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Help Needed - Multiple Blown Power Supplies

By mkd · 10 replies
Mar 14, 2006
  1. I got my PC about 3 years ago. Part of it was setup at the shop (e.g. Case, Processor, MB), rest of the "easy" pieces were added by myself.

    In the past 3 years, I have blown (count 'em) 5 power supplies.

    The first few times, I just returned the PC to the shop, and I suspect that they were replacing the PSU with generic models. I was blowing power supplies once every 6 months.

    For the last supply, I purchased and installed an Enermax 420W, more than enough to power my system. That one lasted me 13 months, and blew this past weekend. By blew, I mean you hit the power button and nothing happens.

    I have gotten to the point where I can tell if the PSU is going to go. I had noticed some signs over the past two weeks (lockups, cutouts). It finally went after the PC had been powered on for about an hour, and about 5 minutes into playing a graphics intensive game.

    I have tried plugging in just the PC, with the side off to inspect lights inside. When I hit the button, there were no lights inside the case. When I went to remove the power cord, I noticed what I would call static (white light with crackle) inside the PSU. I tried another power cord, and as soon as I plugged it in I got a crackle.

    In all the times that I have had issues, I have never lost a component inside the system, always just the PSU. We have another PC in the house with roughly the same specs that has run without issue for 2 years.

    List of things that I have tried:
    -Move the PC to another outlet (although on the same circut breaker switch in the apartment)
    -Replaced Video card (about 2 months ago)
    -Moved down from 2 CD/DVD drives to 1
    -Moved down from 2 HDs to 1
    -Inspected the MB for signs of capacitor issues (bulges, leaking).
    -Checked to ensure that there were screws in the MB as per MB manual
    -Checked to the best I can see that the MB is not touching the case
    -Searched endlessly on the internet for a competitor to my PSU blowing record

    Yet to try:
    -Moving to a new apartment
    -Purchasing a new PC (after wraping caution tape around the old one)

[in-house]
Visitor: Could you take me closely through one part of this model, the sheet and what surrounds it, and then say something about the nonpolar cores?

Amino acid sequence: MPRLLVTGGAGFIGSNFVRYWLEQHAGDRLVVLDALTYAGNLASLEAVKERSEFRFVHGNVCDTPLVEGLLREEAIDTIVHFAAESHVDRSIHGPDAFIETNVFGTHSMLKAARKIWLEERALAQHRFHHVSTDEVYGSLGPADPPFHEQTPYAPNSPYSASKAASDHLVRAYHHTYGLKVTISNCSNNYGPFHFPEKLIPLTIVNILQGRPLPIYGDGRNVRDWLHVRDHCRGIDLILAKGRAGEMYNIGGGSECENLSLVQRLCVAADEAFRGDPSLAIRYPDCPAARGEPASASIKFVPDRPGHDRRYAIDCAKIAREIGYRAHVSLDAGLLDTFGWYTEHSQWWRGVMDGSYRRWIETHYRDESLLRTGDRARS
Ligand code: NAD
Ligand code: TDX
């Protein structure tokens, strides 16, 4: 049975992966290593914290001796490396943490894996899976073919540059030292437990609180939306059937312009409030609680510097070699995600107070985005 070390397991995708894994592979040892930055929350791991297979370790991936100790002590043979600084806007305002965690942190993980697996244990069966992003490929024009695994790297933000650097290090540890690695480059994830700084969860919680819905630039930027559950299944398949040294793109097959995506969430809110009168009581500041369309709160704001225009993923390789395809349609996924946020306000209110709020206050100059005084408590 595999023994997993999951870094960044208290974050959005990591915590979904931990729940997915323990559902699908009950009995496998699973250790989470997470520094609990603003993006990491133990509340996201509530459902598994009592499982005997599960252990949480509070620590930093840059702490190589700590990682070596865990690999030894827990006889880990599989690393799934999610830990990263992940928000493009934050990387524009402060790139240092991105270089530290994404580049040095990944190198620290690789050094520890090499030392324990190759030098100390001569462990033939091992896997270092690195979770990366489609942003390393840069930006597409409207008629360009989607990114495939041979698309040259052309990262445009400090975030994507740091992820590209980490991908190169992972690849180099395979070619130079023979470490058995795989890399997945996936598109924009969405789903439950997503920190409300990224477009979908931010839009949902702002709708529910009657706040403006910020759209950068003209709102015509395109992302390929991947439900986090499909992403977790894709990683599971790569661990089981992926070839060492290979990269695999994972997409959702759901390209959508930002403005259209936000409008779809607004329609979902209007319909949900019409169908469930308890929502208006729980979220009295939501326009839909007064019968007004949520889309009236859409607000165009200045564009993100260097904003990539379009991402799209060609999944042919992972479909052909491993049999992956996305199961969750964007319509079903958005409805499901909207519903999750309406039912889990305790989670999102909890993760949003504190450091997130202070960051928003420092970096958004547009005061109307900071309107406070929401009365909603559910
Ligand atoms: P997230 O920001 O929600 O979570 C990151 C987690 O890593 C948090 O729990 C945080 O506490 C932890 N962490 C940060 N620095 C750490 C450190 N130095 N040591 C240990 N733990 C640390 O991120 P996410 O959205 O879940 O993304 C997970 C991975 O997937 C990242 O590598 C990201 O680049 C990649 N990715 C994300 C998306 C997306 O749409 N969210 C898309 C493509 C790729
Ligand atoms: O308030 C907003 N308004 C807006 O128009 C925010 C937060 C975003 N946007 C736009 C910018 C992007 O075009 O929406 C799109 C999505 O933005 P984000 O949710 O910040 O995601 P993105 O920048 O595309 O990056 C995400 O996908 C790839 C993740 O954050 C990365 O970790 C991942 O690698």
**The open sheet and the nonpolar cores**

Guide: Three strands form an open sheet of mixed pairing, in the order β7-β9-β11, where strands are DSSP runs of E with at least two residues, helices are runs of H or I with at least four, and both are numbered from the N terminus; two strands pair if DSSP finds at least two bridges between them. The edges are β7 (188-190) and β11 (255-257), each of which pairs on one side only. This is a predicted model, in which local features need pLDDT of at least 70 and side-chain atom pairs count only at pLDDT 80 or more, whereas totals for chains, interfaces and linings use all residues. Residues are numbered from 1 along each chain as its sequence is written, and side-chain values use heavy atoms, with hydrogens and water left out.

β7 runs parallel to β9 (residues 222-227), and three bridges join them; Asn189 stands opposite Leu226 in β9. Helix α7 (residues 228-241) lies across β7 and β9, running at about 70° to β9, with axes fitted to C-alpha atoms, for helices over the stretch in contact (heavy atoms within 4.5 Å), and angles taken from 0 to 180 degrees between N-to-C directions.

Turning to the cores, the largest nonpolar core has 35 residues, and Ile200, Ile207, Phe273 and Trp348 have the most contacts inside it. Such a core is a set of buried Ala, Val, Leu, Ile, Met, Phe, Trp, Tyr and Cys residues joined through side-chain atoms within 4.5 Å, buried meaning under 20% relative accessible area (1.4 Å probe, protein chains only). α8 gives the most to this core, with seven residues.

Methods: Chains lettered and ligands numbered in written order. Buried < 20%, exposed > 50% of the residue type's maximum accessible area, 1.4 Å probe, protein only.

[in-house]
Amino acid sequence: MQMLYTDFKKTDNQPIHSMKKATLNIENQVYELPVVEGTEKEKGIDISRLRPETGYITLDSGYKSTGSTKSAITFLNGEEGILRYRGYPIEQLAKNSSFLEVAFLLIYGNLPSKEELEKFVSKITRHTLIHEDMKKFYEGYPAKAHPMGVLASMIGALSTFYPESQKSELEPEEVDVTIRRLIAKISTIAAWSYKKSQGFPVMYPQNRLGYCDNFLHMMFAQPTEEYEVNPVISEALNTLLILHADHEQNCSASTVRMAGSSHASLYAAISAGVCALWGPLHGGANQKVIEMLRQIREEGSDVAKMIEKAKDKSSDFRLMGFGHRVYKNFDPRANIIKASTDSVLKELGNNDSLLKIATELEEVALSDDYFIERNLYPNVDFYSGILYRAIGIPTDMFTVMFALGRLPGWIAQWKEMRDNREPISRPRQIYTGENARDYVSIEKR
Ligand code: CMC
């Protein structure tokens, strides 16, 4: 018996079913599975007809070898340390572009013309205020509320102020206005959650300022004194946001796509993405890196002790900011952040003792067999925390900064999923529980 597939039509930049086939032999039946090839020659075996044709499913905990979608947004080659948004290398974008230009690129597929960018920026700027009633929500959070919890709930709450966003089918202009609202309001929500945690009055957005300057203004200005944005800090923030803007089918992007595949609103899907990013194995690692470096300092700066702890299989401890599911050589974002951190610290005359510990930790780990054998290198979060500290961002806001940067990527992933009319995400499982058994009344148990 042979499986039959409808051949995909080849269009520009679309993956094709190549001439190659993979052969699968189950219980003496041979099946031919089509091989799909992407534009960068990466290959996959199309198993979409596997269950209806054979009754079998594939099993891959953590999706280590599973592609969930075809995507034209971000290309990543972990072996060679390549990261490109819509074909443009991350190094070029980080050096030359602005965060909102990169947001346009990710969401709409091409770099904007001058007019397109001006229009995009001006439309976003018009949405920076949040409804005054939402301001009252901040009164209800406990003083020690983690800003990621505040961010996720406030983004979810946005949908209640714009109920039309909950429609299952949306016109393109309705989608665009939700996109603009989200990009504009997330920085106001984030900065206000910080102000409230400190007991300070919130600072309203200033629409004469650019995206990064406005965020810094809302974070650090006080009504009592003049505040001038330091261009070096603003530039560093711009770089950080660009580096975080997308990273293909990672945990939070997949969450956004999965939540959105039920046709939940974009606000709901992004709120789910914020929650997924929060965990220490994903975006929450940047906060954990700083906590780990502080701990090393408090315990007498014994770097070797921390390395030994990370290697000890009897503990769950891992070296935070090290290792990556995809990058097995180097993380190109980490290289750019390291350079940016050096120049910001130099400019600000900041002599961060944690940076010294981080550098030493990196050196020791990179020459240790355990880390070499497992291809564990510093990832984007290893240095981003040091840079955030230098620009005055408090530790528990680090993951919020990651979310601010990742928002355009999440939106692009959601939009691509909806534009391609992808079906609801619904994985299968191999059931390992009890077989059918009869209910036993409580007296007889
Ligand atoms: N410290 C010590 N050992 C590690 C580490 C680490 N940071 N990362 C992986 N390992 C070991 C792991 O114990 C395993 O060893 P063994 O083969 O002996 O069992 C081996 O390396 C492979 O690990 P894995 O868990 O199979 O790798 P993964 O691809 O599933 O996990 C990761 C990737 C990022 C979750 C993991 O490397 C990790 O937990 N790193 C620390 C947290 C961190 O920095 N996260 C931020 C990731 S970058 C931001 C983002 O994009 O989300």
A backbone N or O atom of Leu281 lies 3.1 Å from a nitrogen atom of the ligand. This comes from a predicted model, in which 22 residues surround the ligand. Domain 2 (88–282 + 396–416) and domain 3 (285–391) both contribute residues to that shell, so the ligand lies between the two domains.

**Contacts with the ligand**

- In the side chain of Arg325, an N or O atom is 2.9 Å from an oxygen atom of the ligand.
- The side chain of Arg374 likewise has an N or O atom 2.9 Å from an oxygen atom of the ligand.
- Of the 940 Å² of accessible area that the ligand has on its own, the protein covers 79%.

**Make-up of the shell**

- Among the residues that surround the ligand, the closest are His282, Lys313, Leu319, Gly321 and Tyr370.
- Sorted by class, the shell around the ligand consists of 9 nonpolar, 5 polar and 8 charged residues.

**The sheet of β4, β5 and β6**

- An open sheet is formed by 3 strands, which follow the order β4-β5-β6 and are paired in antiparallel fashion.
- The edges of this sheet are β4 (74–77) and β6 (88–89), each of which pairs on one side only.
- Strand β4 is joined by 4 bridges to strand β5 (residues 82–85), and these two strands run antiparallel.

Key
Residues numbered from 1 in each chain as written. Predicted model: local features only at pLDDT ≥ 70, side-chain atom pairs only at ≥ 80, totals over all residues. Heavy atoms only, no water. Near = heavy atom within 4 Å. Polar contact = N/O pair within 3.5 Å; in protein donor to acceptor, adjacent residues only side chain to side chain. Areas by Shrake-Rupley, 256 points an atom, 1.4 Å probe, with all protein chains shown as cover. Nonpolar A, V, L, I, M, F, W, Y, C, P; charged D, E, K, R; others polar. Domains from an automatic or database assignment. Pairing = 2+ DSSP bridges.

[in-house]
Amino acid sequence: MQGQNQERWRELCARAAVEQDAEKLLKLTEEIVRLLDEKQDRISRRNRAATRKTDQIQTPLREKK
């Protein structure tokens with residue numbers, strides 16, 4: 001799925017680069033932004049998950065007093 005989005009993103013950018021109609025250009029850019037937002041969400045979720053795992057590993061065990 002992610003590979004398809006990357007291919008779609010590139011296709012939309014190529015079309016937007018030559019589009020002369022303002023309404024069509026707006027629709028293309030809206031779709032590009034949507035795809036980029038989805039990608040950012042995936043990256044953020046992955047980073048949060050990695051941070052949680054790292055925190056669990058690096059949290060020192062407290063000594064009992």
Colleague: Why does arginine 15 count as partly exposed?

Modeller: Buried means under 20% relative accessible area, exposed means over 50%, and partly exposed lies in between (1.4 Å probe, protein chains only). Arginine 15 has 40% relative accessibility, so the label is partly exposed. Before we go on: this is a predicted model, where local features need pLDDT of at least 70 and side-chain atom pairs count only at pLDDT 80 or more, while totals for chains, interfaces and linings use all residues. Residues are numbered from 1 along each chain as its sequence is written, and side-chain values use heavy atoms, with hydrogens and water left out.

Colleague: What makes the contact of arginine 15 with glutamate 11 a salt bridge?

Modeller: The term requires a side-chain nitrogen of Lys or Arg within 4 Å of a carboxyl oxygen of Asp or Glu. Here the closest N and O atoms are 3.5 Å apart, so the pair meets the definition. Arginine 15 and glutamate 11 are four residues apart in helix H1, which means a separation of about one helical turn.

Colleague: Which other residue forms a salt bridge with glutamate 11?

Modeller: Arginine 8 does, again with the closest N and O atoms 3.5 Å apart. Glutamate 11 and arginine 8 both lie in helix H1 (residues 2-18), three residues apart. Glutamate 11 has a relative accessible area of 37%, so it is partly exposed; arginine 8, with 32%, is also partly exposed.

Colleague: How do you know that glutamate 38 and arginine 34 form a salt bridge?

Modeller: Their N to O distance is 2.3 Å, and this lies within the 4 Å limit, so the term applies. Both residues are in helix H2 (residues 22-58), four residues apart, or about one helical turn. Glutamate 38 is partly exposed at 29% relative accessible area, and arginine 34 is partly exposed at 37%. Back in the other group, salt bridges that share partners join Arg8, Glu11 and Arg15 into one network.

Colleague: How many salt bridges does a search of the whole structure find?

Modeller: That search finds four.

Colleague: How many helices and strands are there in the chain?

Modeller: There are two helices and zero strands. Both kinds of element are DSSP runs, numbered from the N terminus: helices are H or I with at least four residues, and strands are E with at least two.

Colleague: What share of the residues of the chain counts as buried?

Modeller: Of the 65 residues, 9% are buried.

Anyone have any ideas what may be causing my problems? I am to the point where I am thinking of just purchasing a new system, however, am concered that there may be an issue with power inside the apartment, and don't want to start blowing PSUs on a shiny new rig.

    System Specs:
    Intel P4 2.4 GHz
    Cheap Generic Case #3 (metal on the sides)
    1 GB RAM
    ATI AIW 9600 (AGP x4)
    DVD/CD Burner
    Hercules GameTheater Sound Card
    Some random modem

    Any input is appreiciated.
  2. dmill89

    dmill89 TS Guru Posts: 475

    Sounds like a wireing problem to me. You might want to get the wireing in your apartment checked. It could be a short in your computer but that seems unlikely.A short usually causes the power supply to cut out imediately.since most powersupplies have protection circuicts so they don't get fried by a short inside the computer. I know Enermax has these circuicts and the generic ones probably had these too.Power serges could also cause power supplies too die. so if you don't already have one get a good serge protector.If you do have a serge protector it may be a good idea to replace it. On average serge protectors only protect against serges for 2-5 years (over time the protection circutritry wears out).
  3. Frank Smith

    Frank Smith TS Rookie Posts: 75

    I agree with "dmill89" sounds like bad wiring...in the apartment... you can buy and add a good Surge protector.. it will help... you might also buy a small testor to see if the wiring is wired correctly... even in AC there is a right and wrong way to hook the wires.... make sure the ground wire is connected ... the small plugin testor will tell you that.... also.. the PSU might look blown/not work and still be OK.
    1. unplug the power cord.
    2. move the 220/110 switch back and forth 2 or 3 times...
    3. make sure its in the 110 slot. replug the cord...
    4. start the computer.... 99.9% of all new PSU have a built-in
    open ground... by moving the switch back and forth... it discharges the PSU which will allow it to work properly.... old crappy wiring can cause this to happen.. and not using properly grounded circuits can cause this.
  4. mkd

    mkd TS Rookie Topic Starter

    Thanks for the information Dmill89 and Frank. I have no electrical knowledge so this is helping.

    I will stop by an electronics shop and get an outlet tester. The apartment building is only about 7 years old, but based on the cheap paint, I wouldn't be surprised if there was cheap or faulty wiring.

    I was using a Belkin surge protector, something similar to this:

    But that surge protector is probably a few years old now, and I probably should pick up a new one. Is Belkin a good brand, or would you recommend APC or something else?